So when something like this happens, heinous though it is, the first reaction is "we have to be careful here. One false move and we kill the golden goose."

It's no different than Cardinal Law shuffling pedophile priests around the archdiocese of Boston rather than allowing the proper authorities to handle these situations right away.

In this sense, Paterno -- as the head of the program -- is every bit as guilty as the other Penn State officials who were fired early this week of enabling Jerry Sandusky and ignoring his alleged victims. Does anybody really believe that Joe Paterno, winningest coach in NCAA football history, the man who would have, as of Saturday, coached more games than any other man in college football history, didn't have the authority to call the police if he saw, or even heard of, any possible misconduct on the part of Jerry Sandusky? This is what his defenders keep saying. It wasn't his job to deal with university investigations. That was the athletic director's job.


But the problem here isn't simply Paterno, and it isn't simply this particular case involving Jerry Sandusky, alleged pedophile. It's much bigger, and much sadder.

Look around. You will see, from coast to coast, systematic abuses of power at these schools, systematic rules violations, and systematic attempts by the coaches and the higher-ups, to cover up the transgressions. The fact that most of them involve recruiting violations doesn't really matter here. It's a culture that says winning, going to bowl games, and maximizing the revenue potential big-time college sports makes possible is more important that anything else. And that includes the welfare of minors unconscionably violated and exploited (allegedly!) by the likes of Jerry Sandusky.

And let us not forget something else. The second any of these allegations became public knowledge, what we saw Wednesday in the midnight firing of Paterno would have happened then, too. This is how these things work. Once the snowball starts rolling down the hill, it doesn't stop until it's picked up speed, grown in size, and trampled everything in its path. You wait. Herman Cain is toast too. He just doesn't know it yet. It's unfathomable to me that he doesn't, but that seems to be the case.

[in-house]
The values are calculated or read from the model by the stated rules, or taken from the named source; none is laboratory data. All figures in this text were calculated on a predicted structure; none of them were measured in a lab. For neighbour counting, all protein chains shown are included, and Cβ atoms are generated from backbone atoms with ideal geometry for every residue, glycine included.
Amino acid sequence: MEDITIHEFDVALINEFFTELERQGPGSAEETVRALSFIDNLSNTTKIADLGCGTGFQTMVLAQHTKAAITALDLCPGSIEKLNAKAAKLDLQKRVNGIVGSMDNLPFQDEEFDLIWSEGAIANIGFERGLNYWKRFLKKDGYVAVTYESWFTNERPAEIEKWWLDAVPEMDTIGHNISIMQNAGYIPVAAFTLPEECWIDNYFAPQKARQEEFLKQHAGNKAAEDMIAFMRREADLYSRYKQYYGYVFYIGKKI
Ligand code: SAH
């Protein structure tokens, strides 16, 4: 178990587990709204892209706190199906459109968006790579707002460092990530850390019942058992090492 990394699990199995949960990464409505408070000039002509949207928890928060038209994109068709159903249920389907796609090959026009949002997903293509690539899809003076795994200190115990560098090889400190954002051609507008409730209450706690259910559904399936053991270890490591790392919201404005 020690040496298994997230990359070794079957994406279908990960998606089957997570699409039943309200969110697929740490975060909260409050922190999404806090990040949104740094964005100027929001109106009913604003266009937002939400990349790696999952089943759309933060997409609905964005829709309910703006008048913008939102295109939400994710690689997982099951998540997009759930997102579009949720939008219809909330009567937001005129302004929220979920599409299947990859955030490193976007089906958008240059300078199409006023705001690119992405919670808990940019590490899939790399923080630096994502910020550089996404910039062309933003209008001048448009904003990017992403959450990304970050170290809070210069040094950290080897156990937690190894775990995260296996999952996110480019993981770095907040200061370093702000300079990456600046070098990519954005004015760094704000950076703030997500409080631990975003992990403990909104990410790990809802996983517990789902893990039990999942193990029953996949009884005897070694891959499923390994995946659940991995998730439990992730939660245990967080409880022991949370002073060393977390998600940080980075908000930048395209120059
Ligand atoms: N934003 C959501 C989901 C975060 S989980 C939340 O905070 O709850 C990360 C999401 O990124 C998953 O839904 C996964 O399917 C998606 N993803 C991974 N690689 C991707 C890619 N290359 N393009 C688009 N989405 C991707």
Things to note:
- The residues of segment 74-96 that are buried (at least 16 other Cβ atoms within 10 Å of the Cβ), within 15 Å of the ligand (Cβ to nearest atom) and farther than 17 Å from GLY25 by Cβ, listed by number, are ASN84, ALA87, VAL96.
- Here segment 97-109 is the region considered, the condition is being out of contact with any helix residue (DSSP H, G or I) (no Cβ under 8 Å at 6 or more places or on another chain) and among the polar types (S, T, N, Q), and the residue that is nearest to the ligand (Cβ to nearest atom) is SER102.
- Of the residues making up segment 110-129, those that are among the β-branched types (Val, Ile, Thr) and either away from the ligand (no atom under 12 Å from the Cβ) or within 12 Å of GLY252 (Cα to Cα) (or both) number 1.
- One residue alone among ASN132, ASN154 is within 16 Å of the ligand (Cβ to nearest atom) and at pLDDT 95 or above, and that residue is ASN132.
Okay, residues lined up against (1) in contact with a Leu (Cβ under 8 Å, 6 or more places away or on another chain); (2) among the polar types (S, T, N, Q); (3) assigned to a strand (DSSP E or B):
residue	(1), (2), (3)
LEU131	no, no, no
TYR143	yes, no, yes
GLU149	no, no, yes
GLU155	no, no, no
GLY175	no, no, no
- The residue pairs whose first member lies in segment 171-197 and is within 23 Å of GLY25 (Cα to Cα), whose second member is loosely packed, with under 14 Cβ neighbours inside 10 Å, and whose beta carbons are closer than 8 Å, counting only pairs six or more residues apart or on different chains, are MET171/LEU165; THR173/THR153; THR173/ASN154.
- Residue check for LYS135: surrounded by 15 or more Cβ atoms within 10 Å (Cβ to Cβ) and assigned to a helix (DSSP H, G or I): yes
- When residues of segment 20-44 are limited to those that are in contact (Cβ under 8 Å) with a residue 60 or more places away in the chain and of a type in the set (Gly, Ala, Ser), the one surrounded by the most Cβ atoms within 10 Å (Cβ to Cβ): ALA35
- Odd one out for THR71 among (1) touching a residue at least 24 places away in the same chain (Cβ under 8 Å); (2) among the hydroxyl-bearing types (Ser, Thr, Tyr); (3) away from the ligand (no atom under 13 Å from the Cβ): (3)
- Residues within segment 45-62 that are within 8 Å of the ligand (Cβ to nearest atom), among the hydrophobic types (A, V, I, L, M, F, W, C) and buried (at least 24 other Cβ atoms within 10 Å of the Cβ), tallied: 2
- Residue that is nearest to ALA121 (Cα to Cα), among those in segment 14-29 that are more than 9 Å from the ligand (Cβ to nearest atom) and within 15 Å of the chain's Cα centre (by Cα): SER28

So isn't it a fair question to ask whether Joe Pa, upon hearing from his graduate assistant that his trusted assistant and friend was diddling kids in the shower, had a panicky eye on his legacy? Anyone who hangs around the game until he's 84, the way Paterno has, has to have an ego big enough to put himself ahead of just about everything else, regardless of what kind of an act he's putting on. Look at what a project it became to get Bobby Bowden out of Florida State.

Something tells me Joe Pa wasn't anxious to risk losing it all, so instead of blowing the whistle and diming Sandusky out (which would have put his entire program under a microscope and, quite possibly, cost him his job eight years sooner, before he ever got the chance to set all these records), he kicked the thing upstairs. He followed "procedure."

But then, he allowed Sandusky back onto the premises, even after he allegely knew of the accusations against the man. How do you do that? At the very least, I'd have thought he'd say to Sandusky "you're not allowed in here, ever. Maybe I can't nail you on something I've never seen you do, and maybe I'm hoping against hope that my assistant didn't see what he thought he saw. But dammit, Jerry, something went on in there and I don't want you in here."

But he didn't.

And that's unforgivable.

So when I see on TV an enraged group of Penn State students (most of them young men) kicking up a storm over Paterno's firing, I can only shake my head and wonder. Is the athletic prestige of the school worth more than its overall reputation as a safe place? Is it that important?

Or, more to the point, is Penn State's No.1 commodity college football? Does its importance in the overall academic scheme of things have more to do with bowl games and money raised than, say, cancer research?

Sadly we all know the answer to these questions. And that just brings me back to the beginning. This is an indictment against the corrupt culture that governs big-time college athletics as much as it is a scathing reflection on Joe Paterno and the people at Penn State who, rather than working toward putting an alleged sexual predator behind bars, tried instead to wish it away in order to preserve a legacy that, in hindsight, it didn't deserve anyway.